• Credits for either parent’s other children may be considered by the court for the purpose of reducing the parent’s gross income or as a reason for deviation
  • Credits may be considered for other children:

--for whom parent is legally responsible and resides in parent’s home

--for whom parent is actually supporting

--who are not before the court to set, modify or enforce support

  • Stepchildren and other minors in home where parent has no legal obligation to support shall not be considered in the calculation of this credit

Theoretical Order –

  • A hypothetical order which allows the finder of fact to determine the amount of a child support obligation if an order existed.
  • Used to determine the amount of credit allowed as a deduction from a parent’s gross income for a parent’s qualified other child who is not under a pre-existing child support order.
  • Actual payments of alimony should not be considered as a deduction from gross income, but may be considered as a factor to vary from the final presumptive child support order
gross income calculations16
Gross Income Calculations
  • Willful and Voluntary (Under)Unemployment –
    • Similar to the ground of deviation found in the current Guidelines
    • Determination now applies to both parents
    • Applies to any intentional act of the parent
    • Statute contains list of factors to guide court
  • Imputed Income –
    • Similar to current process
    • If no other reliable evidence of parent’s income or income potential, court may impute 40 hour workweek at minimum wage
    • Upon motion to the court, either parent may later (within 90 days) provide reliable evidence of income
basic child support obligation18
Basic Child Support Obligation
  • Amount of basic support to be provided by both parents is determined on the Child Support Schedule by cross-referencing the combined adjusted gross income of both parents with the number of children for whom support is being calculated – amount does not include:
    • Adjustments for additional expenses
    • Adjustments for parenting time
    • Adjustments for deviations
    • Uninsured medical expenses
  • This amount is allocated between the parents according to the percentage of income of each parent
  • Percentage of Income– the percentage of income for each parent is calculated by dividing each parent’s adjusted gross income by the combined adjusted gross income of both parents
basic child support obligation special circumstance
Basic Child Support ObligationSpecial Circumstance:
  • Split Parenting –
    • Only occurs if there are two or more children of the same parents, and one parent has custody of at least one child, and the other parent has custody of one or more of the other children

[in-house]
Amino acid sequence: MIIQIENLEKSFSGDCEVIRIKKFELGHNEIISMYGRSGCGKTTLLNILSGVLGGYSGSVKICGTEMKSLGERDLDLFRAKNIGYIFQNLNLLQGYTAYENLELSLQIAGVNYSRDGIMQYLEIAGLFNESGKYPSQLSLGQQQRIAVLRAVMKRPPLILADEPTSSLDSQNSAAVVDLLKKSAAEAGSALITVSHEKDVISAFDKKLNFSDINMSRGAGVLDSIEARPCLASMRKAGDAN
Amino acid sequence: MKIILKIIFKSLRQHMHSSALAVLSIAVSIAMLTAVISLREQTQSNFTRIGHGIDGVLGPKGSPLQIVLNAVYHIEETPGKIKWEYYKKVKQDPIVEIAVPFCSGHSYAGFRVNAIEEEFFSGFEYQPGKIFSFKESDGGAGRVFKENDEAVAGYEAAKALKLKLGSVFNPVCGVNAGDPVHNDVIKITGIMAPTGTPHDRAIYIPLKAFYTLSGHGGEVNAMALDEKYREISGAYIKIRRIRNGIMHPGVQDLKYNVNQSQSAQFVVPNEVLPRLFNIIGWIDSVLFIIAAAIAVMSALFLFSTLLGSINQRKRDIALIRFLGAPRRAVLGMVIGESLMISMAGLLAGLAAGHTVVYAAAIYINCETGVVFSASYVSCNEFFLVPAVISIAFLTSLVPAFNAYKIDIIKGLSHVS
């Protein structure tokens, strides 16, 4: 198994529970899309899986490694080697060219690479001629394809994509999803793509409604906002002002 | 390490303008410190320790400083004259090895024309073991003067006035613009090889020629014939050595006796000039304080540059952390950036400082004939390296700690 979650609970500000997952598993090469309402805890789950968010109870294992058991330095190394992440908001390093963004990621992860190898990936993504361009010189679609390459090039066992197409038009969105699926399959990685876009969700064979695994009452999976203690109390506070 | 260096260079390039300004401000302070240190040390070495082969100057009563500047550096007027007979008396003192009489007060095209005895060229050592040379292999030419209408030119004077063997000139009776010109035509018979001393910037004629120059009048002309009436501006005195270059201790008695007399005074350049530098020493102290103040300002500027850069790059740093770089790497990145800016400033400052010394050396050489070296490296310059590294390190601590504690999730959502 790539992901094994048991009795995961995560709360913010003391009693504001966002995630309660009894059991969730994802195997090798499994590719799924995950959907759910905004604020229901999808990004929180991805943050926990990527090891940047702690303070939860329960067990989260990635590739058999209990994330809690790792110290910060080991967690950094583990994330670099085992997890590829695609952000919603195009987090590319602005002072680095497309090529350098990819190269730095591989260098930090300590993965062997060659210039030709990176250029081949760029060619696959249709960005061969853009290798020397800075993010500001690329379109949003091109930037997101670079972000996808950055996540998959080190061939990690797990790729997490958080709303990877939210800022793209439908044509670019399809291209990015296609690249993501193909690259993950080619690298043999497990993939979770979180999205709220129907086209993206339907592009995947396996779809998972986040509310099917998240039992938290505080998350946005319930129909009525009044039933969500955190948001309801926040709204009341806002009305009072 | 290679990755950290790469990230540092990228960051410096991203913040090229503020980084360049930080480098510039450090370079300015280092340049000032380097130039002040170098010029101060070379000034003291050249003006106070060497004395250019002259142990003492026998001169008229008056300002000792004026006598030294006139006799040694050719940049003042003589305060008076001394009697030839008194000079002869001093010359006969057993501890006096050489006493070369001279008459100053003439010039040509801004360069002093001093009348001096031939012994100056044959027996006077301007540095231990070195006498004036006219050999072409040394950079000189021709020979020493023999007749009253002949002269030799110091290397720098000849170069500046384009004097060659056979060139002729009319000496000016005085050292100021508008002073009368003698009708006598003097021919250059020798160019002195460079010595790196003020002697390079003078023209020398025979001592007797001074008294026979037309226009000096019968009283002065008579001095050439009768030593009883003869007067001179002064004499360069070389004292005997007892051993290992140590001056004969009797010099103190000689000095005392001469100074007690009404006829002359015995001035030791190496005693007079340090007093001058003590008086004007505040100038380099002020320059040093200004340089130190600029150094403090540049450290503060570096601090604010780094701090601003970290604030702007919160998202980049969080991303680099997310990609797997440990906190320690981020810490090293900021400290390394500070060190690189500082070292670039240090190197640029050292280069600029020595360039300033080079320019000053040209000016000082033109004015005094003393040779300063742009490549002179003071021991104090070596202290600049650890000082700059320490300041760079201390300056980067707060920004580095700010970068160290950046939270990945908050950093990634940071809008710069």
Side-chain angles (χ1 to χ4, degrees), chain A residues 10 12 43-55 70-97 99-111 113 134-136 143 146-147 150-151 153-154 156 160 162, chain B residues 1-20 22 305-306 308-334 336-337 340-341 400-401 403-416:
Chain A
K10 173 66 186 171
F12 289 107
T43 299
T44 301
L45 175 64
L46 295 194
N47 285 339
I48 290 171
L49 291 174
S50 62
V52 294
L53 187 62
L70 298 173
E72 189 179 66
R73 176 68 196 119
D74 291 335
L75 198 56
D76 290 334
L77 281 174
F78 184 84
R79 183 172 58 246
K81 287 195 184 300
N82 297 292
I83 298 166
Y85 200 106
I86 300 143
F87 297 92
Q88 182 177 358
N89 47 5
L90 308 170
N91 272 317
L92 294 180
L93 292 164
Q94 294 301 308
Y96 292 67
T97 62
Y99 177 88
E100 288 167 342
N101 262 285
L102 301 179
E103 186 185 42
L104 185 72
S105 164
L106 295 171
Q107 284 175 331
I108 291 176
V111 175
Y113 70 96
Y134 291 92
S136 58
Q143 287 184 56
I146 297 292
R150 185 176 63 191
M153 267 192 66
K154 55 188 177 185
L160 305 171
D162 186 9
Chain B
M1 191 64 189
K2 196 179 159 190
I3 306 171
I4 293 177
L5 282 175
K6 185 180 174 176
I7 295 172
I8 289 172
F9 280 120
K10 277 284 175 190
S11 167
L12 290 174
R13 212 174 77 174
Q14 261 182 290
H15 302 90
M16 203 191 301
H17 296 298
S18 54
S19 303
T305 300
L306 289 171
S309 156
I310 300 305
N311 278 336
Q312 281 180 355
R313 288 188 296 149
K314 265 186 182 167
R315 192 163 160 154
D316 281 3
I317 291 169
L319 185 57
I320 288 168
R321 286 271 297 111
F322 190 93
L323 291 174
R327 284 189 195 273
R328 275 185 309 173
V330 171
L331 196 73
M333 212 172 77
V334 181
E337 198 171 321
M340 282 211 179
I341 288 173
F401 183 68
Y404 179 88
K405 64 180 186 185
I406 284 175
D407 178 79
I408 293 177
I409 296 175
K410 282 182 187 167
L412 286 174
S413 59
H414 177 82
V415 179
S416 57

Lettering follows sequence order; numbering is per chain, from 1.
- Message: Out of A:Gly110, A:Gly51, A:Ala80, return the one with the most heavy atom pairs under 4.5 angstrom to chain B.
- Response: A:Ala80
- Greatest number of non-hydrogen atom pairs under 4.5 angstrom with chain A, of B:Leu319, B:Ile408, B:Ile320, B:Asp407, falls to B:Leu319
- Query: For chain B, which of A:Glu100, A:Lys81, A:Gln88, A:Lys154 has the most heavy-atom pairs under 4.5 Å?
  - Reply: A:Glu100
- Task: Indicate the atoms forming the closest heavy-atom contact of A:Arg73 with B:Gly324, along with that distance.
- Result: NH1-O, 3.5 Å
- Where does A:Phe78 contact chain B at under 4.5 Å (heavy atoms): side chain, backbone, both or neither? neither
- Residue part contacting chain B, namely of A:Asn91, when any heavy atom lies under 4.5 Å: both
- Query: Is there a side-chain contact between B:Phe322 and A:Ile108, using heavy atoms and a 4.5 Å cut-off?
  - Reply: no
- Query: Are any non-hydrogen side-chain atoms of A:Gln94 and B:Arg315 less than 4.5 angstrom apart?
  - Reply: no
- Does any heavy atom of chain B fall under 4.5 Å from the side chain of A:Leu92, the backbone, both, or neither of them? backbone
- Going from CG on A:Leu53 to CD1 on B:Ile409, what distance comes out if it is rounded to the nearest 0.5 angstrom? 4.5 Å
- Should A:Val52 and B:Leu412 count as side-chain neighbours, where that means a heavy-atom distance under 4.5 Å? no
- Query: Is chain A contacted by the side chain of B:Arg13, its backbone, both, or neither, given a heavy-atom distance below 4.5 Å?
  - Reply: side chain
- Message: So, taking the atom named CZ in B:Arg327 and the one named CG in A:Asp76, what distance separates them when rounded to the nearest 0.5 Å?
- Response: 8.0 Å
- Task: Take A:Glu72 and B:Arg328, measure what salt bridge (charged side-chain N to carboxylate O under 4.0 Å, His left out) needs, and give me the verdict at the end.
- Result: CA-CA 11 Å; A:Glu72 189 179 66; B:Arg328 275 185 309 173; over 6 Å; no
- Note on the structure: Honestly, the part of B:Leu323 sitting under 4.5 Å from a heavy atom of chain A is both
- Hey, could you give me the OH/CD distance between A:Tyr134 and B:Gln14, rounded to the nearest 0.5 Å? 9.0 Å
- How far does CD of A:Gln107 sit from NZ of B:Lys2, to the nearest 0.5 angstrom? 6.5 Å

• In this type of situation, there will be two custodial parents and two non-custodial parents, but no child will have more than one custodial parent
  • Parenting time adjustment - adjustment to the NCP’s portion of the basic child support obligation, based upon the NCP’s parenting time with the child
basic child support obligation22
Basic Child Support Obligation
  • Parenting Time Adjustment
    • NCP’s support obligation may be reduced for the days of additional parenting time
    • Parenting time with the child greater than 99 days
      • 100 - 136 days = 10% reduction
      • 137 - 151 days = 20% reduction
      • 152 - 166 days = 30% reduction
      • 167 - 181 days = 40% reduction
      • 182+ days = 50% reduction
basic child support obligation23
Basic Child Support Obligation
  • Parenting Time Adjustment
    • The CP’s support may increase for the reduction of NCP’s parenting time.
    • Parenting time with child less than 61 days
      • 60 – 39 days = 10% increase
      • 38 – 24 days = 20% increase
      • 23 – 9 days = 30% increase
      • 8 – 0 days = 35% increase
  • Days – a parent gets credit for a day of parenting time if the child spends more than 12 hours of a calendar day with or under the control of a parent and that parent expends a reasonable amount of resources on the child during this time period
treatment of expenses26
Treatment of Expenses
  • Amounts actually paid by a parent or other caretaker
  • Basic Expenses
    • Such as:
      • Food
      • Clothing
      • Housing
    • Will be included within the basic support obligation
treatment of expenses27
Treatment of Expenses
  • Additional Expenses
    • Mandatory Expenses
      • Child’s healthcare premium
        • Expense attributable only to child for whom support is being calculated
        • Prorated between the parents based upon their respective incomes.
        • Added on to basic child support obligation
      • Work-related childcare
        • Projected over next 12 months and averaged for a monthly amount
        • Expense due to employment of either parent
        • Added on to the basic child support obligation
        • Prorated between the parents
treatment of expenses28
Treatment of Expenses
  • Uninsured Medical Expenses